In terms of components related to safety, most properties passed the criteria for lighting, power outlets and light switches, and intact wall, ceiling, and floor linings.
Among injury hazards, it was most common for properties to fail the following criteria: having paths, decks, and surfaces non-slippery and free of moss and having window security stays where required in the living area.
The study arose to see if homeowners would make voluntary improvements to their homes if they failed the Wof.
And when homeowners were interviewed after they received a report highlighting their property’s issues it was found not all planned to amend everything.
Of the 40 homeowners interviewed in the study, 31 planned to fix at least one of the issues.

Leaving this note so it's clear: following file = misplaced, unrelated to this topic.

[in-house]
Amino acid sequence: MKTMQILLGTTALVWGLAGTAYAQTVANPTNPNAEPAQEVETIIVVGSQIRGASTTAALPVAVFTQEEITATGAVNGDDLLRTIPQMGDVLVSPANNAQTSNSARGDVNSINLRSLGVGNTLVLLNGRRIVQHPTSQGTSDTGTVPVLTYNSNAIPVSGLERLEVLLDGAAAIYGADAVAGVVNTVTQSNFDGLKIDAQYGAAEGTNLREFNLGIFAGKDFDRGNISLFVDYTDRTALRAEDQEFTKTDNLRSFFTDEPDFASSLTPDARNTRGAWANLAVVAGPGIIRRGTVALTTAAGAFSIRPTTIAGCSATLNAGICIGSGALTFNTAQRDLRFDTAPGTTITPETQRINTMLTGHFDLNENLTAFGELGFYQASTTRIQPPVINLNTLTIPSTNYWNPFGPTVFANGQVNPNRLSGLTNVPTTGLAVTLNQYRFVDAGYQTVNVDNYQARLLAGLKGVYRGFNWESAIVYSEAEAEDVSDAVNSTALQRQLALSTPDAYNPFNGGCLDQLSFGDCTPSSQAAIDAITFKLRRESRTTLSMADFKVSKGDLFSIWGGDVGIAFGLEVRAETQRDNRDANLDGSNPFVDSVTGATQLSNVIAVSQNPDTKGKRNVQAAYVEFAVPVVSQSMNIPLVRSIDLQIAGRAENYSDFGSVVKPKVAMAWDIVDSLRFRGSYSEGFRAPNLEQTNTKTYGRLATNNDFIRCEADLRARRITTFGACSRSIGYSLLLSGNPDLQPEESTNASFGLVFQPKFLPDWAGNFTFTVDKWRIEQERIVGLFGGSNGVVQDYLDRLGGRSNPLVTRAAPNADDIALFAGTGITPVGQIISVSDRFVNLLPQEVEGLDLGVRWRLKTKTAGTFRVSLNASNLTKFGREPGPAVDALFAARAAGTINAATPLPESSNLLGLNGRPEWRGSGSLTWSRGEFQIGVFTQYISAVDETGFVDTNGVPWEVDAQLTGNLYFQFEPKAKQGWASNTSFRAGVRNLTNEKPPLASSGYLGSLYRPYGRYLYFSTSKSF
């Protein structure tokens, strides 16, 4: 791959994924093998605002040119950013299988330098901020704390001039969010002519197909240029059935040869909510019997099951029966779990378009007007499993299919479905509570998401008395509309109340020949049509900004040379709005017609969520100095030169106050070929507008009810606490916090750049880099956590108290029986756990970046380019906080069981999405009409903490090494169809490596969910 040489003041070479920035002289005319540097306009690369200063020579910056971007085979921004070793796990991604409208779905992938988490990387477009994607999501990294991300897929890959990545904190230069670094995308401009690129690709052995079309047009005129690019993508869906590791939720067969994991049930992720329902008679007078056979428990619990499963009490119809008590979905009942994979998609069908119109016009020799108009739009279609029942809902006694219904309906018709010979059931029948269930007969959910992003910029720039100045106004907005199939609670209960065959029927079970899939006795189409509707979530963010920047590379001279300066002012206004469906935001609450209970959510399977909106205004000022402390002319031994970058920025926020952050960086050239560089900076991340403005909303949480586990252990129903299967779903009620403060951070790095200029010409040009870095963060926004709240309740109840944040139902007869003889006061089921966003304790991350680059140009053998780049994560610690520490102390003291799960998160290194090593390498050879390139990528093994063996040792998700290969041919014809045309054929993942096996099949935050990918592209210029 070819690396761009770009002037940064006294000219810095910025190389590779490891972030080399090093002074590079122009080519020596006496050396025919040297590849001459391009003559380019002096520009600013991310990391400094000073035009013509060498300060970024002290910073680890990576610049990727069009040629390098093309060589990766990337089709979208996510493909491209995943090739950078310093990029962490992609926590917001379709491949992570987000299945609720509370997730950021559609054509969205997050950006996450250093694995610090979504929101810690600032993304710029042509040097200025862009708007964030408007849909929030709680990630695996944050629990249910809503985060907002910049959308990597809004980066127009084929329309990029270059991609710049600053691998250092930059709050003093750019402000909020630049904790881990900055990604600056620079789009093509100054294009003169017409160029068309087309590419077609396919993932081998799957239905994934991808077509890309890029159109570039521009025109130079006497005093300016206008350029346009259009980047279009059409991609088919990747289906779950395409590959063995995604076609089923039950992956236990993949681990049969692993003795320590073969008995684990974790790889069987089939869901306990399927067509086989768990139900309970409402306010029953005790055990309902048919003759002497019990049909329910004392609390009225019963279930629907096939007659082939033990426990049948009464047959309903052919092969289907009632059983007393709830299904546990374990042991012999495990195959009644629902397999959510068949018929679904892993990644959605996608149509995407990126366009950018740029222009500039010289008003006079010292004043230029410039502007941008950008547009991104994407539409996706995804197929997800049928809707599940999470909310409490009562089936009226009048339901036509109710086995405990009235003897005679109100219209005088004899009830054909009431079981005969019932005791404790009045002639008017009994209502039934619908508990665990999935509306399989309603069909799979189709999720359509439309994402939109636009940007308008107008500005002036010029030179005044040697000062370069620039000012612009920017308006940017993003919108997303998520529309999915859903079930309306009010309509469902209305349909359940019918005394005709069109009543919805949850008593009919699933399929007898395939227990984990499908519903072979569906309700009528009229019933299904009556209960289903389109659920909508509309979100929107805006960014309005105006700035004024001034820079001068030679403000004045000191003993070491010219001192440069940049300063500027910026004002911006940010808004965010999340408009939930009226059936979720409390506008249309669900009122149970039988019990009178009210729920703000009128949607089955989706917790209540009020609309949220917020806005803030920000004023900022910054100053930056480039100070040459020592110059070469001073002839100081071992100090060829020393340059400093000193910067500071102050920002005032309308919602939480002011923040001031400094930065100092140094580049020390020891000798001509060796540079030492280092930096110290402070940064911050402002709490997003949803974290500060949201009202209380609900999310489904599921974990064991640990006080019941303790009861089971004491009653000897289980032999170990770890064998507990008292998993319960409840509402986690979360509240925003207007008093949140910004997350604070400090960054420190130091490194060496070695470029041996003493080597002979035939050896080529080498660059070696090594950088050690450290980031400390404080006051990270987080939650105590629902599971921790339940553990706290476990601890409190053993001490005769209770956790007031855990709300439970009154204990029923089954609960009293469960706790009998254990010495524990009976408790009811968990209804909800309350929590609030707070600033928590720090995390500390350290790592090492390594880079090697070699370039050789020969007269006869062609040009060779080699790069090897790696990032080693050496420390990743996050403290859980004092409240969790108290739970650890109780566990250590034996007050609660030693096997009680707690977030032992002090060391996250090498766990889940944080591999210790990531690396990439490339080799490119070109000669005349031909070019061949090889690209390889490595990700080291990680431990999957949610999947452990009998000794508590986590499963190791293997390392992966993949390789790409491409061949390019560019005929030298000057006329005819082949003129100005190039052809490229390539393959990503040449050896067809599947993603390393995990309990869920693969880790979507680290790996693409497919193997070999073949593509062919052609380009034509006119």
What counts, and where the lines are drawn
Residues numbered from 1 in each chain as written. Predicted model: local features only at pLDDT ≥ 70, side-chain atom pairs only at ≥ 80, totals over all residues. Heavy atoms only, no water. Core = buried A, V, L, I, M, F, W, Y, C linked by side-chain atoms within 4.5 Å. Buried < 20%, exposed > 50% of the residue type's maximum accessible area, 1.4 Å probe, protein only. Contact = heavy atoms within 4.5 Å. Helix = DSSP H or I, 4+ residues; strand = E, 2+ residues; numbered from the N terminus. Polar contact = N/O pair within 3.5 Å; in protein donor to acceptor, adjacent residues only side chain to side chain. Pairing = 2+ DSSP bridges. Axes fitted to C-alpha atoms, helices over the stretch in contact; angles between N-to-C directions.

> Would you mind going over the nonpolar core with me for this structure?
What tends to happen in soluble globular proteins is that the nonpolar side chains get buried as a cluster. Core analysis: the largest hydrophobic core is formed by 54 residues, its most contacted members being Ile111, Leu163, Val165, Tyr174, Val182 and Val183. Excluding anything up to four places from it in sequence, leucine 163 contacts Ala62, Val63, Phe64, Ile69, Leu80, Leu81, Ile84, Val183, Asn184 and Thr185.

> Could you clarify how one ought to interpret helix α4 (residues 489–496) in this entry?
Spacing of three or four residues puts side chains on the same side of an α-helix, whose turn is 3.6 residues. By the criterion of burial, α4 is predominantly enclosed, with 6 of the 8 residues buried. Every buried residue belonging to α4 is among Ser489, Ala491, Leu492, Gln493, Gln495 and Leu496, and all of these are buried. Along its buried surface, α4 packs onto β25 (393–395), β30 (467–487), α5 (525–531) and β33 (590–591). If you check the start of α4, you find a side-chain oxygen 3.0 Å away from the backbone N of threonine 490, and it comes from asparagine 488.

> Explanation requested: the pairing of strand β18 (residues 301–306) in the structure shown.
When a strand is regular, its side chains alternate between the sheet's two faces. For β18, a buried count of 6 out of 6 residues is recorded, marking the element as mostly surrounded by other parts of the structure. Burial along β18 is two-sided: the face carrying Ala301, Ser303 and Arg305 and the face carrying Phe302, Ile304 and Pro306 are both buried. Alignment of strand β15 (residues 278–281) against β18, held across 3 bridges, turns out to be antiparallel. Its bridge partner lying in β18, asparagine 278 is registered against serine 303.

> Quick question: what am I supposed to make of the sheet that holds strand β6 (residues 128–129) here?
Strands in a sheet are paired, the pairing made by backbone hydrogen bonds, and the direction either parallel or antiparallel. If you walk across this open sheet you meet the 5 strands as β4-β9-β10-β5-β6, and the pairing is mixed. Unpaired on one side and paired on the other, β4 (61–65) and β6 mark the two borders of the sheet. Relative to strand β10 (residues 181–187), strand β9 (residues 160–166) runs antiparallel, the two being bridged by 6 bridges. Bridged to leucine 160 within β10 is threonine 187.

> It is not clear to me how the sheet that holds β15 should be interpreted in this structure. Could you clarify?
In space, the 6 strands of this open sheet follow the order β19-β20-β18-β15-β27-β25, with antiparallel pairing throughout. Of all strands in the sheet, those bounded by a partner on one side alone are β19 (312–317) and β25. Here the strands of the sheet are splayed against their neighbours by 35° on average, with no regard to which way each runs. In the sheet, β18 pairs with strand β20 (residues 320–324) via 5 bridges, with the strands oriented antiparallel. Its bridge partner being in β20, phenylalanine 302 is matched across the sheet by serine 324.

However, many said they would not fix all the failings of their homes.
Researchers found participants were least likely to address issues such as security stays on windows and absence of ground vapour barrier.
For some cost was a factor, whereas others didn’t believe that the identified improvement would make a difference to health and safety in the home.
Report co-author Dr Lucy Telfar-Barnard said in a media release this shows the importance of knowledge to encourage housing improvements.
“Some people said they wouldn’t install a ground vapour barrier because it was dry under the house – not realising that even dry ground releases damp which rises into homes,” Telfar-Barnard said.